While the agreement with the DUP is politically and morally troubling for many Conservatives, it will, like the success of the Scottish Conservatives, add to the mounting pressure on the government to pursue a softer Brexit. Like the Scots, the DUP, mindful that 56 percent of those who voted in Northern Ireland in the 2016 referendum supported the Remain option, favors a softer Brexit than the one advocated by May in her Lancaster House speech in January. Mindful, also, of the extensive trade and commercial ties between Northern Ireland and the Republic and of the Common Travel Area between the UK and the Republic that has existed for nearly a century, the DUP supports a Brexit that provides for a “frictionless” border that allows the free movement of goods, services and people between the North and the Republic. Such a border could be achieved, of course, by retaining membership in the EU’s Single Market and its customs union. But that, of course, would require the UK to accept the EU’s principle of free movement of EU citizens.
On Sunday, May appointed Damian Green First Secretary of State and Minister for the Cabinet Office – in effect, the Deputy Prime Minister. Green, a senior M.P. who served as minister in charge of immigration and then of policing and criminal justice in the Home Office when she was Home Secretary and as Secretary of State for Work and Pensions in her government, was one of the leaders of last year’s Remain campaign. His appointment, along with the retention of Philip Hammond who, as Chancellor of the Exchequer, is acutely aware of the enormous economic and financial costs to the UK of a “hard” Brexit, sends an unmistakable signal that a softer Brexit is back on the table as an option in the upcoming exit negotiations with the EU 27.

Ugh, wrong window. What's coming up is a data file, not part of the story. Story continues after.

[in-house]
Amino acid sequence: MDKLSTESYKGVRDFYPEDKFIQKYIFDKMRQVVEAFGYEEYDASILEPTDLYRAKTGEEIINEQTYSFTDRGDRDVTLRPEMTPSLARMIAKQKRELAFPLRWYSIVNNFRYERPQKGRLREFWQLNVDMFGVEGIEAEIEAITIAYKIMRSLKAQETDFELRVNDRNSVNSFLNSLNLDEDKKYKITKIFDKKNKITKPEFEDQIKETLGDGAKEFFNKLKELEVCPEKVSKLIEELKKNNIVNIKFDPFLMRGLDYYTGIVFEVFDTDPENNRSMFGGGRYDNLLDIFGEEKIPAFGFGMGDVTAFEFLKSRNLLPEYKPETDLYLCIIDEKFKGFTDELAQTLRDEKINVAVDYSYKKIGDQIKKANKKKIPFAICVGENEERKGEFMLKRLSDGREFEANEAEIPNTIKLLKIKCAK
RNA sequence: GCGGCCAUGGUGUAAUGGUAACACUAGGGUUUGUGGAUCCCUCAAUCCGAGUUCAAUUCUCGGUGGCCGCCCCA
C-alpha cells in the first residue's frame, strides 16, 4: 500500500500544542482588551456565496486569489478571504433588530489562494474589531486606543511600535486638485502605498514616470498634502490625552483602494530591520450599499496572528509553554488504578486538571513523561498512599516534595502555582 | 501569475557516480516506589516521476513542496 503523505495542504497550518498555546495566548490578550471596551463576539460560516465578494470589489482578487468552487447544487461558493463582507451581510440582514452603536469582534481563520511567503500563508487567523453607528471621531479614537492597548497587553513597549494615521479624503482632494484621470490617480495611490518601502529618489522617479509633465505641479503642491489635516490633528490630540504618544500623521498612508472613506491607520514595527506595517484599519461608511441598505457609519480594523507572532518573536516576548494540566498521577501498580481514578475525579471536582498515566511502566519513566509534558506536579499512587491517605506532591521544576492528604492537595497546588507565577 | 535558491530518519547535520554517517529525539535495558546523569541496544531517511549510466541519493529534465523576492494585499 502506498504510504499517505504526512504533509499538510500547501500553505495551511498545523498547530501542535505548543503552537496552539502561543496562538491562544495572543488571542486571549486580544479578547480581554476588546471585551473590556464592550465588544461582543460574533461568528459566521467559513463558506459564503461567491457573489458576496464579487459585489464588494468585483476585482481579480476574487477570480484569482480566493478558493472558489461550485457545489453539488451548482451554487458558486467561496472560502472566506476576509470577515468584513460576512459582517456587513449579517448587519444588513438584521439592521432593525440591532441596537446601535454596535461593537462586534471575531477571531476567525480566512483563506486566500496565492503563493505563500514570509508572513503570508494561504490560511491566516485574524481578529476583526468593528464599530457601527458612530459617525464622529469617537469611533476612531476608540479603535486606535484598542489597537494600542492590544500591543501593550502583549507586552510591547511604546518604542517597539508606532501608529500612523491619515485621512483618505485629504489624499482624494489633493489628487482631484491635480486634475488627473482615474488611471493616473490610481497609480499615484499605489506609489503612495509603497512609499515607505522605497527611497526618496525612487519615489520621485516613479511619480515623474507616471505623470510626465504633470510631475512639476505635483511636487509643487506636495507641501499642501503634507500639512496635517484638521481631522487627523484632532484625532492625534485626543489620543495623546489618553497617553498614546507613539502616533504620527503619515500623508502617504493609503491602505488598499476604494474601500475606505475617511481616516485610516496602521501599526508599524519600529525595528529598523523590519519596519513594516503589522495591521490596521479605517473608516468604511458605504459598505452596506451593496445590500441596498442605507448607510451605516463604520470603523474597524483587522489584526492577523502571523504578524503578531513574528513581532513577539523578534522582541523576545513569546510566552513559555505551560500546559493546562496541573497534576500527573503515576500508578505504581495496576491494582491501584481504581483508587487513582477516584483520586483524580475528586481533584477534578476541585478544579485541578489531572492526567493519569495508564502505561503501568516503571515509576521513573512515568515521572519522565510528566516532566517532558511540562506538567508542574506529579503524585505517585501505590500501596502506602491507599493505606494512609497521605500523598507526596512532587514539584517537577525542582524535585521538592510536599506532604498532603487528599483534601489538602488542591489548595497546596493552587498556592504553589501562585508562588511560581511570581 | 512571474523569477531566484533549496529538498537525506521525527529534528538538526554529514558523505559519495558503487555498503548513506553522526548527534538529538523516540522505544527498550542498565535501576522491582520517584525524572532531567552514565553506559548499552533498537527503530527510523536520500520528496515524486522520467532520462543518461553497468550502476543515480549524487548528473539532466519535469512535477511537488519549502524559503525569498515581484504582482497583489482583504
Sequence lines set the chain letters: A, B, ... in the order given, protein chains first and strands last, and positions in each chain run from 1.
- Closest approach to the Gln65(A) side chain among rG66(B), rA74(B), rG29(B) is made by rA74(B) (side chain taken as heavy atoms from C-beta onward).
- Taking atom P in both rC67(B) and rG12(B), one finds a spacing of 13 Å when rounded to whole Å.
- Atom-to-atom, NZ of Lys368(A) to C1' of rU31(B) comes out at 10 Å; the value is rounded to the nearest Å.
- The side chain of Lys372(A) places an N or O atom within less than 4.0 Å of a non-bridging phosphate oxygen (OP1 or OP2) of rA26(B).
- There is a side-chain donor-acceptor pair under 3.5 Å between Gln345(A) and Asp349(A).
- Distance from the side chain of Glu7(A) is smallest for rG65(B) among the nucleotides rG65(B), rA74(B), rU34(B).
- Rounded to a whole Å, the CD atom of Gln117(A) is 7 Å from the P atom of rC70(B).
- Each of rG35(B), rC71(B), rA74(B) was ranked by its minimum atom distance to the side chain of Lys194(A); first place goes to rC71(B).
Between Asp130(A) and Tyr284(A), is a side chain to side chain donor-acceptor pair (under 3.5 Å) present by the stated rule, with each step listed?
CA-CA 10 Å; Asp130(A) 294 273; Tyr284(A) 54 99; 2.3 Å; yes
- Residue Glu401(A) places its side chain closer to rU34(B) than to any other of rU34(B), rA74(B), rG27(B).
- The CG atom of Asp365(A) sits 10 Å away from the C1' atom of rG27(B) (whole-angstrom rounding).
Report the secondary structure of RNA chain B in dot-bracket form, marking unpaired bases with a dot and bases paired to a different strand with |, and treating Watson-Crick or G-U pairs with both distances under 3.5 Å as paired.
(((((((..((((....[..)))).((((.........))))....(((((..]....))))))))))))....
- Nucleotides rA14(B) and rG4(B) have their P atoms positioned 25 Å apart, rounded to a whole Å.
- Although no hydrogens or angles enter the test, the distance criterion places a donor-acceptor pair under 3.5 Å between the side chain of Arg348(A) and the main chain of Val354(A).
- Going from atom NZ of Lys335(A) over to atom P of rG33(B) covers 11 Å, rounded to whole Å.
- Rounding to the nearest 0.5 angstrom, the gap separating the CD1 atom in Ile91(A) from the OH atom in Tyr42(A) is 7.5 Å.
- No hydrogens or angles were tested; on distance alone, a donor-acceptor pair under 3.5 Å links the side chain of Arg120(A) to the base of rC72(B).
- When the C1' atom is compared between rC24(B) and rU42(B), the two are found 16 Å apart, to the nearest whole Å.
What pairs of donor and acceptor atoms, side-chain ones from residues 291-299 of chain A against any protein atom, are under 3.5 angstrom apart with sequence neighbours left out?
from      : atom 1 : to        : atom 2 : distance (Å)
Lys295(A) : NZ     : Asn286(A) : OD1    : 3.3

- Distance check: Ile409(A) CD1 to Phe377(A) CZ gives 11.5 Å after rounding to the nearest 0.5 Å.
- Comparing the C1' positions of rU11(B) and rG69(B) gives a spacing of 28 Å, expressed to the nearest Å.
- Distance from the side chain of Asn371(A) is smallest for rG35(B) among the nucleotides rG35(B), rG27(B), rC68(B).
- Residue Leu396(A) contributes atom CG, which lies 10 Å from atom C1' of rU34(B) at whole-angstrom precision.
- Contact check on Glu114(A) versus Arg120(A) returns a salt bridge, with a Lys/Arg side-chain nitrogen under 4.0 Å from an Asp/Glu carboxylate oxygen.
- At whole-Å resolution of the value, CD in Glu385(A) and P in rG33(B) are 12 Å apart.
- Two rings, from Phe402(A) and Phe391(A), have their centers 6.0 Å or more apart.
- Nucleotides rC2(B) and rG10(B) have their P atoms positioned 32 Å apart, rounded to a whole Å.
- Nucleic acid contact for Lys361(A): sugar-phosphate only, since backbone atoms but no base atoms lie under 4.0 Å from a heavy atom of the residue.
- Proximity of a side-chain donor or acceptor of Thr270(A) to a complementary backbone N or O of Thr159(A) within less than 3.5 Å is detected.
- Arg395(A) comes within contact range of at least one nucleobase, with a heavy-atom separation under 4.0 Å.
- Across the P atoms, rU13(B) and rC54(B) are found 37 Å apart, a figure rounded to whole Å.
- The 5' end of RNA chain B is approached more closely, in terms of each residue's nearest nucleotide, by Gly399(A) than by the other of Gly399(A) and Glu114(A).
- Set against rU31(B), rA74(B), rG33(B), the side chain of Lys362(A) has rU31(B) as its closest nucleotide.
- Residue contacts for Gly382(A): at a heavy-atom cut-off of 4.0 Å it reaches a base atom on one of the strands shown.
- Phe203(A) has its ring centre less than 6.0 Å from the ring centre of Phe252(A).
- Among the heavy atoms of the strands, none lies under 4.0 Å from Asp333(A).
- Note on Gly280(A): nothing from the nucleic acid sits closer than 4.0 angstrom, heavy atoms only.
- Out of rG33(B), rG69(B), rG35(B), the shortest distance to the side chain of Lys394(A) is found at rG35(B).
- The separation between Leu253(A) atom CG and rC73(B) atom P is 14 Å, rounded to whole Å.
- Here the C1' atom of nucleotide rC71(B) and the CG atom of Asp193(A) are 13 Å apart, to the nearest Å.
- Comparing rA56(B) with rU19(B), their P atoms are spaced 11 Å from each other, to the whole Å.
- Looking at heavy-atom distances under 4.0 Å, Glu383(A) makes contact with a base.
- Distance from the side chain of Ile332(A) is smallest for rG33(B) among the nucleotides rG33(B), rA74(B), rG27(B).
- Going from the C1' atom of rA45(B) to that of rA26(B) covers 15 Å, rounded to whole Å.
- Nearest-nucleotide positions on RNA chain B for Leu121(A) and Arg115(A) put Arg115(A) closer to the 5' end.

Assuming the Conservatives and the DUP reach an agreement on a “confidence and supply” arrangement, the existence of such an agreement with a party that supports a softer Brexit than the version articulated by the prime minister in January, coupled with the presence in the House of more than a dozen Scottish Conservatives who support a softer “open” Brexit, May’s weakened position in the party and government, the continuation in government of Hammond as chancellor and the important role of Green in the new government, increases the likelihood that, notwithstanding the substantial support in the Conservative parliamentary party for a “hard” Brexit, the Brexit that emerges from the UK-EU 27 negotiation is likely to be a softer variant. Perhaps, if that happens, last Thursday’s election will turn out not to have been such a disaster, after all.
David R. Cameron is a professor of political science and the director of the Program in EU Studies at the MacMillan Center.